The fourth beneficial side effect of using software-based replication is that it can be used to speed up server migrations.
Software-based replication is incredibly versatile. Its use has historically been in the HA/DR space but in recent years businesses have adopted it as a way of migrating to new hardware without the cumbersome and lengthy save and restore approach. Data can be migrated without downtime and kept synchronized, thus reducing risk to the business. Maxava, for instance, provides short term licensing for server migration purposes, whether customers are moving to Power9 systems or Power10 systems – and whether they are moving across on premises machines or to those located in the cloud.
The other good thing about software-based replication is that it can be mixed with hardware-based replication, and there are times when this is a good idea.
Many IBM i shops have already invested in hardware-based replication solutions such as PowerHA and to a lesser extent, Db2 Mirror for i. While PowerHA has several configuration options depending on the geographical proximity of the nodes, Db2 Mirror for i is limited in the distance between the nodes, the greater the distance the larger the latency.
Software-based replication happily co-exists with hardware replication in active-passive environments in PowerHA or active-active setups in Db2 Mirror for i to copy the data to alternative servers, irrespective of location.
If you want backup flexibility, then the software approach to HA/DR is also useful.
Software-based HA/DR provides a replica copy of production data on a target partition, and as such many businesses take advantage of this by performing their backups on this target, away from the production server and eliminating the need for downtime. Prior to any saves being started, its commonplace for the remote journal apply sessions to be stopped and then restarted once the saves are complete. While the save is taking place, transactions are stored in their associated journal receivers. When backups are complete and apply sessions are resumed transactions are relayed and nothing is lost.
Let’s rattle off a few more benefits of software-based replication.
- Low Bandwidth Requirements: Logical replication is incredibly flexible: you can choose to replicate one file to pretty much everything the IBM i has to offer including database files, the Integrated File System, IBM MQ, and even QDLS. When it comes to high-transaction databases files that are potentially being written to many thousands of times an hour, logical replication really comes into its own by sending only changes to those files to the target sever. With solutions like PowerHA, you are replicating multiple blocks of data and as such the network bandwidth requirements are generally far greater.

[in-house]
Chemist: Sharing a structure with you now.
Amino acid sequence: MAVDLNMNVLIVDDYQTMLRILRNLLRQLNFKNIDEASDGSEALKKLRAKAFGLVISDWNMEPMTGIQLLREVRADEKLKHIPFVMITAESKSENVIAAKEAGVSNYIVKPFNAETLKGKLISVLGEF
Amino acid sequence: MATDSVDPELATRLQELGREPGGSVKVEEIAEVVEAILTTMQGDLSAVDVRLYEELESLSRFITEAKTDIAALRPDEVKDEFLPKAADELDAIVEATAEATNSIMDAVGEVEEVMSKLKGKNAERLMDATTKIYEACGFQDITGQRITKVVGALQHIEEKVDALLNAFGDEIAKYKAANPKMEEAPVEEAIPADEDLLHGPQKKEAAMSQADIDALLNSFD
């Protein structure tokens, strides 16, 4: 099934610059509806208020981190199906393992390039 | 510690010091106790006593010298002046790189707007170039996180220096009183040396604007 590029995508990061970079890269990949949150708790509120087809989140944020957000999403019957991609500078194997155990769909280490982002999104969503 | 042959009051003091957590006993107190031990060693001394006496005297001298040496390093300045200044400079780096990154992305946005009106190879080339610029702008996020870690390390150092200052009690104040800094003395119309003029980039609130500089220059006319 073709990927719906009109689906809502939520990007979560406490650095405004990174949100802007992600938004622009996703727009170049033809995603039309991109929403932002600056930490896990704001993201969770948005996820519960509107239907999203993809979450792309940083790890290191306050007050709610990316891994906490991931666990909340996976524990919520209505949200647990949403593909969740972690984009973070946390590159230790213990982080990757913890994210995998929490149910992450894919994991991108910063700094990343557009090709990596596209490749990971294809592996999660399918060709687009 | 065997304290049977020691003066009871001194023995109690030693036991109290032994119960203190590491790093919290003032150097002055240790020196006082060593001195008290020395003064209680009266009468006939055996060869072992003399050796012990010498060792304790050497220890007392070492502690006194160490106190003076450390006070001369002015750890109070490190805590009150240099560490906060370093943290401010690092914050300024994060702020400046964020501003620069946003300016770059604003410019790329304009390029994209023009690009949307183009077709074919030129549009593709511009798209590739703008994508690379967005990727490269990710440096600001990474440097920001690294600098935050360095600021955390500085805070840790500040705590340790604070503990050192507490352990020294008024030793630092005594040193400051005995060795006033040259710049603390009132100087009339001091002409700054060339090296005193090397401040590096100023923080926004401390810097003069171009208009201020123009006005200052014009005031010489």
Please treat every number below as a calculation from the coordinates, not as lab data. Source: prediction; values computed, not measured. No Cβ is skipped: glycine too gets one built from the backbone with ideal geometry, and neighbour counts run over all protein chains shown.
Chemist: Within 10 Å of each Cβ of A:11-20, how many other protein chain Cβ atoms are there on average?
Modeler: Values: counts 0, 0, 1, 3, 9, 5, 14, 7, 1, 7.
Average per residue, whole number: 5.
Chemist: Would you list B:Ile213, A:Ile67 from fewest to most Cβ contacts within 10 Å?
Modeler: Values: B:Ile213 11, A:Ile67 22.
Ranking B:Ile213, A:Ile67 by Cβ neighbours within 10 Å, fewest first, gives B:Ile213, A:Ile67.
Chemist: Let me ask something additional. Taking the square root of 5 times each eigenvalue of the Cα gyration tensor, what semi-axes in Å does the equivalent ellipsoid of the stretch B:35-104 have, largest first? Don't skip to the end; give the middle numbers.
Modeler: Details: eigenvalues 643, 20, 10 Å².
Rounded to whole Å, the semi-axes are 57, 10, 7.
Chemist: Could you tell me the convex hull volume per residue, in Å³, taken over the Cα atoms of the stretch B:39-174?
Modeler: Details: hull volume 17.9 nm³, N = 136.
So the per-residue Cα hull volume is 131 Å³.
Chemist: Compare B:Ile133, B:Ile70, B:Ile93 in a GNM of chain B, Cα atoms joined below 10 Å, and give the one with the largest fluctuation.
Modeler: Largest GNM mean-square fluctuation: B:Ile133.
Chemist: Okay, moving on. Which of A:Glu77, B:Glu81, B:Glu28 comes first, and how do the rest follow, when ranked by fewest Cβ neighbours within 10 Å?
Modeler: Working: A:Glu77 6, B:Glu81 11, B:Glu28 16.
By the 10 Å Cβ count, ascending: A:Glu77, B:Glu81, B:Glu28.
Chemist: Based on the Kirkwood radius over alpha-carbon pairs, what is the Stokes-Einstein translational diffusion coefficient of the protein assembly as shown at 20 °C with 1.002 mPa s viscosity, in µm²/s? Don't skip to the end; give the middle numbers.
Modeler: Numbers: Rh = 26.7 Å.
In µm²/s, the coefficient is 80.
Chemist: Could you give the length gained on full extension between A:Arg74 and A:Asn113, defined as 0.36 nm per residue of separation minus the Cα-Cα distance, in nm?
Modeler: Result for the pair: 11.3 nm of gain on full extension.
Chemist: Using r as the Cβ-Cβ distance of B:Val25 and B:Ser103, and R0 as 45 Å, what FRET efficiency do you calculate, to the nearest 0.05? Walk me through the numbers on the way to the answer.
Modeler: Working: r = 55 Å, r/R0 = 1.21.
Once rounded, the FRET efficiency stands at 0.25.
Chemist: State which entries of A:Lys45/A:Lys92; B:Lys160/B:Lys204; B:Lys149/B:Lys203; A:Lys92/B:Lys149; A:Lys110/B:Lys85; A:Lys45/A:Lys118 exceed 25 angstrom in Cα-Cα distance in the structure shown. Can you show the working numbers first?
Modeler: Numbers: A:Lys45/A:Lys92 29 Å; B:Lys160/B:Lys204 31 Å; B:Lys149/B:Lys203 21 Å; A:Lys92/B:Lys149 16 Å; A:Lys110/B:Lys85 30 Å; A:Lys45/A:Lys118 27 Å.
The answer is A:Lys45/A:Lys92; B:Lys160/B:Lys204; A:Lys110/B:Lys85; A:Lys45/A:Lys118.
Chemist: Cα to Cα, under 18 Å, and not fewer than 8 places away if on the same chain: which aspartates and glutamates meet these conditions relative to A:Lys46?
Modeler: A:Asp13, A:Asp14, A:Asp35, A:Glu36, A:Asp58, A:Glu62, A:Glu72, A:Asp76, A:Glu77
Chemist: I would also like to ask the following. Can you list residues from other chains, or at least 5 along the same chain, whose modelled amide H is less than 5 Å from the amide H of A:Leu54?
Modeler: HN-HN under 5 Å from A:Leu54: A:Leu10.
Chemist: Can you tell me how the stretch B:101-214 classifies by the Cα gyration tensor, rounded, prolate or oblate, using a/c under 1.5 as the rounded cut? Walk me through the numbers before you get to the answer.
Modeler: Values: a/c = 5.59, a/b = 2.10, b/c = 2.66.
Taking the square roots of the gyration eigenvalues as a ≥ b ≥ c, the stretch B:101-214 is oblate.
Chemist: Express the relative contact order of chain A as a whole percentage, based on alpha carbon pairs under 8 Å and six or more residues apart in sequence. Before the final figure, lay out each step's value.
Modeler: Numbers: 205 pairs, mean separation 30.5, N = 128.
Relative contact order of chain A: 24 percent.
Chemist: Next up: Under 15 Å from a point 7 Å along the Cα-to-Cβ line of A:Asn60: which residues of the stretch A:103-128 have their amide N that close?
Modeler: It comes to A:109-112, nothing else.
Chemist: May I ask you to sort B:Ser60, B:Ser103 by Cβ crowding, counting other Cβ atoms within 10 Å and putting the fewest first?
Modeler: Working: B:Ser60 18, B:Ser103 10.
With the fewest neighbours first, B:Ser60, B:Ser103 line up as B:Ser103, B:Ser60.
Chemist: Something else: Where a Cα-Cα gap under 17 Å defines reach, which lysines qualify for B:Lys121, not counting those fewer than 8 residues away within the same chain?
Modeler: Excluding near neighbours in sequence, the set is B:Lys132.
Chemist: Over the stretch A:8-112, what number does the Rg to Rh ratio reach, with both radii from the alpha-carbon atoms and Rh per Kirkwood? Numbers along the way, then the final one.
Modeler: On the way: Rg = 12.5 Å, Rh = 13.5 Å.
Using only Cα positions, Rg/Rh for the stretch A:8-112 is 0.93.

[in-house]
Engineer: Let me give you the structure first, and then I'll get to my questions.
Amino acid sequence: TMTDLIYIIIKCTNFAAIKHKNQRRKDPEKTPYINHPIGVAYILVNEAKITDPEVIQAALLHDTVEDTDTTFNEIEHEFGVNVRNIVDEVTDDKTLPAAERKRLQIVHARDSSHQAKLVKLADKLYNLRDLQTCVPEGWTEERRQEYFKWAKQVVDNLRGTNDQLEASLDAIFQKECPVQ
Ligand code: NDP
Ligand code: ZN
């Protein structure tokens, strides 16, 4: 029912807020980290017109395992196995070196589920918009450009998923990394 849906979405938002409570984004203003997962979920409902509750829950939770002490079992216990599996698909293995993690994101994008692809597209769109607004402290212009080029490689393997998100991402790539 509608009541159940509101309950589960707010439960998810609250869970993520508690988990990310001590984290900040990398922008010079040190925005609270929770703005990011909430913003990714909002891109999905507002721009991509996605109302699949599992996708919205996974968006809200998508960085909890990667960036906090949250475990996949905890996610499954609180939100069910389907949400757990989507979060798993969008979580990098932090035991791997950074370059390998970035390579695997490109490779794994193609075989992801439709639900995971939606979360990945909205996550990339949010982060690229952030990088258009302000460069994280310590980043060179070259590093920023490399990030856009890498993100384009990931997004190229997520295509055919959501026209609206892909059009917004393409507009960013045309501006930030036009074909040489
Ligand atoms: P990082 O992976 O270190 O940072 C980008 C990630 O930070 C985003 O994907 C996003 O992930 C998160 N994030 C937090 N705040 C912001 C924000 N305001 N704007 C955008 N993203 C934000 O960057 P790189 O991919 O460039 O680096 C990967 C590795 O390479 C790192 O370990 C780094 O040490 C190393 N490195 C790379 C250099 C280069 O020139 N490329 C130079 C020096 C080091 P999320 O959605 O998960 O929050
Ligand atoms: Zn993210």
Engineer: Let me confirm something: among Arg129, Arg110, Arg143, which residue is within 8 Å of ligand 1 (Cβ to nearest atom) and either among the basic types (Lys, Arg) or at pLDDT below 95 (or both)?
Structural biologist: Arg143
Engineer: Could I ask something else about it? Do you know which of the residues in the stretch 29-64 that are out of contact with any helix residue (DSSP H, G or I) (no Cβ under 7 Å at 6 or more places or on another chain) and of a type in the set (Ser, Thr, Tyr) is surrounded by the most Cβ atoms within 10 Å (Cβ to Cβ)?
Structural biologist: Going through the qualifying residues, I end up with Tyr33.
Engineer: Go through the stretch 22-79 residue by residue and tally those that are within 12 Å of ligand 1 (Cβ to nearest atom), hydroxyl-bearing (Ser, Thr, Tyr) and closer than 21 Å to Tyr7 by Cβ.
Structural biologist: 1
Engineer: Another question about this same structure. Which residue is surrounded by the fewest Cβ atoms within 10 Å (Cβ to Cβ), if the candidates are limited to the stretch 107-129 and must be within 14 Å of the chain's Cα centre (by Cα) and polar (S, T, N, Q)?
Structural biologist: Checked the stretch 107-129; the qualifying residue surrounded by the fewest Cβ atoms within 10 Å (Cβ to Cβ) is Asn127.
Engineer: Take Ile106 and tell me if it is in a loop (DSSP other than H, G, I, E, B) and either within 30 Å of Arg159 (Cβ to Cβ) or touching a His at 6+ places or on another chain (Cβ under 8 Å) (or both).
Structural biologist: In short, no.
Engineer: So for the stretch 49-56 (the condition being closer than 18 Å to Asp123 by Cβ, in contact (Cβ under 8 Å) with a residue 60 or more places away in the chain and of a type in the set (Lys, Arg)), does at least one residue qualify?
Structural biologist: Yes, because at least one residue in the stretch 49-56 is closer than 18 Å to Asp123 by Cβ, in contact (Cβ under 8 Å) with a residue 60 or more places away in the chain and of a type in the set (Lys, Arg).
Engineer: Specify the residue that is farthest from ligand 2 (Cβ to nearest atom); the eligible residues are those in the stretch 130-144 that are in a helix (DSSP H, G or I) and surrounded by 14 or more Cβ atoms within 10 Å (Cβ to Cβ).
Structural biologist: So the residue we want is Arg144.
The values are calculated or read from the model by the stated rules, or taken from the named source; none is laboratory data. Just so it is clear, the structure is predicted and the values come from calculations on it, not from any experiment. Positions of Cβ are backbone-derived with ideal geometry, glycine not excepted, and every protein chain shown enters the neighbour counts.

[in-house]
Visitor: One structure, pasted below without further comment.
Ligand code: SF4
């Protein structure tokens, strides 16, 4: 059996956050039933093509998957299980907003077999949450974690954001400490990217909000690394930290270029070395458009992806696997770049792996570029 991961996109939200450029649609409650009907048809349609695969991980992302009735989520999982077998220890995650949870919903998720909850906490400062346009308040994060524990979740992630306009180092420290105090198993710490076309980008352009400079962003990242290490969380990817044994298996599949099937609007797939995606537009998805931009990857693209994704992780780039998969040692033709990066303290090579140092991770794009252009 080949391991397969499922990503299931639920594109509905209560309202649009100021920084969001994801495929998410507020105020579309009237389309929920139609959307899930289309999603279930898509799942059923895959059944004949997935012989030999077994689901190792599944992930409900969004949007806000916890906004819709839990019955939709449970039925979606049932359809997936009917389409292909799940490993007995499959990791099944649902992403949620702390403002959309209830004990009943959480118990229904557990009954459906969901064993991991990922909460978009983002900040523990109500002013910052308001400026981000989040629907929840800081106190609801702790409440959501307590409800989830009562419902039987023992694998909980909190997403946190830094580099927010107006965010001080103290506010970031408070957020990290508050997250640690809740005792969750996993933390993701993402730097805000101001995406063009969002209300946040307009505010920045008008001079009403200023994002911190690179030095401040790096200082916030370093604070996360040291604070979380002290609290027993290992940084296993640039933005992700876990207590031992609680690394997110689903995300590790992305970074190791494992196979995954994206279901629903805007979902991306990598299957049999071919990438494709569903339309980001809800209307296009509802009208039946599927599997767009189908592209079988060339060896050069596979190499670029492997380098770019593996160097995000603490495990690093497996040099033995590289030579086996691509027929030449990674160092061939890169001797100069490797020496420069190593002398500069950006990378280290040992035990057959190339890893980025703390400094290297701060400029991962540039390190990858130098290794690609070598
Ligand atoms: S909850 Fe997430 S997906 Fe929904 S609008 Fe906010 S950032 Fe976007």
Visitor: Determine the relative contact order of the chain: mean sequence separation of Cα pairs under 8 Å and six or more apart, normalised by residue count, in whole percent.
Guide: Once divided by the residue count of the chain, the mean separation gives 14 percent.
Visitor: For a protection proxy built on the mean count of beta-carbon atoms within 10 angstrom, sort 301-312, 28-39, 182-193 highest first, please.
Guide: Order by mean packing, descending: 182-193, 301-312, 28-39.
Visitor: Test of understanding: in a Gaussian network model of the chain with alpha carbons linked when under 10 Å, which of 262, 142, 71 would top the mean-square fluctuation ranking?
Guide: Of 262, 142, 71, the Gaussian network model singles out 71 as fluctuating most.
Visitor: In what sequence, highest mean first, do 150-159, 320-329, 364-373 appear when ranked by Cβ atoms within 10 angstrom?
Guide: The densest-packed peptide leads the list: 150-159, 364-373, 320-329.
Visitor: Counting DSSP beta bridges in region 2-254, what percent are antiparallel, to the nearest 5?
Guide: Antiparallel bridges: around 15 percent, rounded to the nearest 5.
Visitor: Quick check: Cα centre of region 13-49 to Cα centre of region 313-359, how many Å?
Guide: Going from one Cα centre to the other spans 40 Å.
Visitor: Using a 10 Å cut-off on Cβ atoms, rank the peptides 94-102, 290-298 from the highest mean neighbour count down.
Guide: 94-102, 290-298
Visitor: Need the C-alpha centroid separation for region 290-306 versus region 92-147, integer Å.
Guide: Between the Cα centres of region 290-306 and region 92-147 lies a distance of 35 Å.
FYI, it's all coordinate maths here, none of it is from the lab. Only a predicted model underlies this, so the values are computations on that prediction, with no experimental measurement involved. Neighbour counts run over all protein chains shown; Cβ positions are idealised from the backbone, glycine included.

- The Disaster Recovery Choice for Cloud: With many now looking to utilize the cloud for disaster recovery purposes, logical replication can be used to keep both on-premise and cloud-based partitions in-sync. The great advantage with using software-based replication in the cloud is that the target server can be run with absolute minimum resources, just enough for the replication to keep up. This keeps expenditure down and helps align expenditure with revenue. Should you need to invoke disaster recovery, vCPUs and memory can be increased to suit your requirements.
- Price Flexibility: Software-based HA/DR solutions such as Maxava HA can be purchased both via the traditional method with a perpetual license or the increasingly popular modern subscription model.
This article is provided to offer general information on matters on which the reader may wish to seek further guidance, and by its nature cannot be comprehensive and cannot be relied on as advice in respect to a specific environment or circumstances. Please consult your IT advisor or contact the writer for advice specific to your situation.
Ash Giddings is a product manager at Maxava and an IBM Champion 2022.
This content is sponsored by Maxava.